What Blackhole lack in originality they certainly make up for it in aggression. Their vocalist stalks the stage like a starving predator, ready to rip the head off anyone who doubts his bandâ€™s integrity, whilst barking lyrics in a strange jarring squeal, much like the eccentric screech of actor Rich Fulcher. The rest of the band plough away with their straightforward, no frills, hardcore and scuzzy gang-backing vocals, which brings to mind the work of Kevin Bakerâ€™s BARS, albeit a more scrappy one. A strong sounding support act full of promise.
â€œWe were supposed to have some electronic-beats and stuff during some bits, but because the laptop isnâ€™t working, youâ€™ll just hear fuck allâ€Â says Daniel P. Carter, formerly of ‘NUFFIN! NUFFIN!â€™ pioneers ‘Aâ€™ and now the singer/guitarist for Hexes. When the laptop finally does work (the drummer had the sound turned down, cue much heckling) the trippy sounds, dance-orientated beats do add something to Hexesâ€™ throaty hard-rock, but is unfortunately drowned out at times by the over-zealous guitar and drums, leaving it to resemble a cheap ringtone going off in a busy kitchen. Praise has to be directed towards the second guitarist, who pulls off some truly fantastic riffs and with Carterâ€™s slow transition into Danny Farkinâ€™ Dyer-isms, they prove to be an entertaining 4 piece.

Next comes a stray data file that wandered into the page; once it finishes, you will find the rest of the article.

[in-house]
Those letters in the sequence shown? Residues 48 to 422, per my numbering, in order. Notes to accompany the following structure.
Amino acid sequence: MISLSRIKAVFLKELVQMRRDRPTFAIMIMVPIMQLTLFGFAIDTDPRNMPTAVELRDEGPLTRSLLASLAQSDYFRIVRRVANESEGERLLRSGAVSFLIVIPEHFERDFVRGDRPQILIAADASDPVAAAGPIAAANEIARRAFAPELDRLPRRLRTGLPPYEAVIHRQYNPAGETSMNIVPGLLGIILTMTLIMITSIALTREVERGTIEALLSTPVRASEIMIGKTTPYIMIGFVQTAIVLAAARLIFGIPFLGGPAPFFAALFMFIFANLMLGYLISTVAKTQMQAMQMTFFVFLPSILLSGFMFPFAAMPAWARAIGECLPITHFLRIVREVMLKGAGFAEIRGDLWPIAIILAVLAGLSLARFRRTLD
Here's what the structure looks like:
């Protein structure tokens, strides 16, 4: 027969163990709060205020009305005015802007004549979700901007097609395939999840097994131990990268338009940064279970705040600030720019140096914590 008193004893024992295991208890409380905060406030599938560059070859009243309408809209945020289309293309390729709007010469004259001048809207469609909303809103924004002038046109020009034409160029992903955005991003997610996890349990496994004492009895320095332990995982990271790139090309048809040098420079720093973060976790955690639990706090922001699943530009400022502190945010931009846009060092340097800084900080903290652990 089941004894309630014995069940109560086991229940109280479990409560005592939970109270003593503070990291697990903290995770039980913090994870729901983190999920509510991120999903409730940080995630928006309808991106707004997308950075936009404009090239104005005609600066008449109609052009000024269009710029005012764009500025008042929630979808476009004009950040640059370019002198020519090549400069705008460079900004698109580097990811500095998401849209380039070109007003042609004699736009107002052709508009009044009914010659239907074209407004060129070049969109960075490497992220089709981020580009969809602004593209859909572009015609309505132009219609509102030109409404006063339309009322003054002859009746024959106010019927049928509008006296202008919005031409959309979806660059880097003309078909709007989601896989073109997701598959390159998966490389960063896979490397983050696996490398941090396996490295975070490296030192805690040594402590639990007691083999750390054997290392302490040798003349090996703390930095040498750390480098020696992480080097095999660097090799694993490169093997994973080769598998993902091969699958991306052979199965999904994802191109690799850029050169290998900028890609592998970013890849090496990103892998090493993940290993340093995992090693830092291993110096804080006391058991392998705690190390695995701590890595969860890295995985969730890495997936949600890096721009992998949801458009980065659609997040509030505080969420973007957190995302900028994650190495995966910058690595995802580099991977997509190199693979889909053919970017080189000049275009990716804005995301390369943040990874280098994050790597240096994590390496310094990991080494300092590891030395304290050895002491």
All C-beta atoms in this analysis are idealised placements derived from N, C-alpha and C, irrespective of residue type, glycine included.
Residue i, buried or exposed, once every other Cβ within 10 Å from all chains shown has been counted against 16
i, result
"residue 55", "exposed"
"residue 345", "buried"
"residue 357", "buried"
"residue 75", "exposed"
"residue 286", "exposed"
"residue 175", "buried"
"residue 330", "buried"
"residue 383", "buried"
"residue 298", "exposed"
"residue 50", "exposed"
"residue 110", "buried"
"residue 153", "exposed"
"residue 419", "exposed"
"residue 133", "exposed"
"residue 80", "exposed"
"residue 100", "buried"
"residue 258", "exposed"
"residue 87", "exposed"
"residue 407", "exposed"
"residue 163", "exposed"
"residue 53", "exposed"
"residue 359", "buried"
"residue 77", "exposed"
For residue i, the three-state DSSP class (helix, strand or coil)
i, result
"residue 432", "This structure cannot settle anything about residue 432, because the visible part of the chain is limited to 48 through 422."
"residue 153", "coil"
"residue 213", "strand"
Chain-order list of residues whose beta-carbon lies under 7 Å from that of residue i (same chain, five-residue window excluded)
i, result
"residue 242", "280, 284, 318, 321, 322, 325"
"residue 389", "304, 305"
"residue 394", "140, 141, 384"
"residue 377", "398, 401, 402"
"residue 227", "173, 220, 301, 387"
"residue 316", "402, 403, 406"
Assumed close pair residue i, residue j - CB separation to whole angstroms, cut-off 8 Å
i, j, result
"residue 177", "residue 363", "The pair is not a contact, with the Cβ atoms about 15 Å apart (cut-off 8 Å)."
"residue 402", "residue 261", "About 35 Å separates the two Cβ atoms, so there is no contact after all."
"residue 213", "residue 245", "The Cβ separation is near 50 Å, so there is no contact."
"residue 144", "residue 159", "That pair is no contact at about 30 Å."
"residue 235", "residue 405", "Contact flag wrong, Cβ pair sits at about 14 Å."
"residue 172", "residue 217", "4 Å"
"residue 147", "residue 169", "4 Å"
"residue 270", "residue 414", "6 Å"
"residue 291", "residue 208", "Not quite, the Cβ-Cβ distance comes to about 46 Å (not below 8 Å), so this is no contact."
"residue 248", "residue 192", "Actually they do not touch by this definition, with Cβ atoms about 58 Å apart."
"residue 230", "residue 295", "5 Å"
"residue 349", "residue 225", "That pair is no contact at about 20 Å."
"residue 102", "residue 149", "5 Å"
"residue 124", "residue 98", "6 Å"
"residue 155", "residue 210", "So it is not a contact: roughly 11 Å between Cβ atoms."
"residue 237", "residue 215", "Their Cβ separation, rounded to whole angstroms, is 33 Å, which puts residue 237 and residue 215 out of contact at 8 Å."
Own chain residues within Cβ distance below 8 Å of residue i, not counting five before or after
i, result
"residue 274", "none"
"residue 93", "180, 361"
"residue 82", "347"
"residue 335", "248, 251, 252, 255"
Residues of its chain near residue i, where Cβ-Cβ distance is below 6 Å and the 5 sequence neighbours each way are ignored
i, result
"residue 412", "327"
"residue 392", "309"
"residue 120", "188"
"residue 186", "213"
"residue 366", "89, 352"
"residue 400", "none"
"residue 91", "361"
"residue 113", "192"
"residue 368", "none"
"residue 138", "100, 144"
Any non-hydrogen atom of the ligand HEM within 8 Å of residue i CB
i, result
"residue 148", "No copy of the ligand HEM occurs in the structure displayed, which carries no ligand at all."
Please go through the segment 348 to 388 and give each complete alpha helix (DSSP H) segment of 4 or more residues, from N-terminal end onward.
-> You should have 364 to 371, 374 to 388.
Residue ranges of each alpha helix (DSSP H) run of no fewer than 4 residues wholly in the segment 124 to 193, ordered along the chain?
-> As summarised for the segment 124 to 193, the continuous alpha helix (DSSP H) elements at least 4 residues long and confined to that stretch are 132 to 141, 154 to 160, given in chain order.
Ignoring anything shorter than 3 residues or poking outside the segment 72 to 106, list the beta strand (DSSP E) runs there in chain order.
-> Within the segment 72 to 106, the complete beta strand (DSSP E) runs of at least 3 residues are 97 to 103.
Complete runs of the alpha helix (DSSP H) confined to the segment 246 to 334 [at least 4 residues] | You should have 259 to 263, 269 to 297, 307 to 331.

The Bronx are quite clearly punk rock through and through. If you cut Matt Caughthran in half heâ€™d bleed Black Flag lyrics all over your shoes. Hell, Joby Ford possibly shits early Husker Du albums. The Bronx are, as the lyrics to ‘Rape Zombie‘ will attest, an “endless wrecking ball.” What it all boils down to though,Ã‚Â is their relentless, persistent nature. Thereâ€™s very little respite in their live shows, as they pound and pound white-hot blasts of scathing punk rock into the listenerâ€™s ears, mercilessly clubbing them into submission until they can’t stand/dance/fight each other anymore.
Caughthran’s demand for “the drinkers to drink, the moshers to mosh and the crowd surfers to get the fuck up on stage!” Is greeted with such gusto and enthusiastic whooping from the crowd, you’d think he’d declared tonight’s gig as ‘free money night’ and started lobbing bundles of Â£50 notes at everyone.
The raw, white-noise blast of punk that is first album opener, ‘Heart Attack American‘ is shunted so violently at the crowd, it causes what can only be described as an indoor, drunken tidalÃ‚Â wave of screaming bodies.
Already the LA 5-piece have created total carnage in just over 2 and a half minutes with a song rife with undertones of disillusionment in the American workplace and possible relationship conflicts, but you know, less lame. Plus, that opening scream – fuck me; itâ€™s like someone spitting acid-coated broken glass in your face.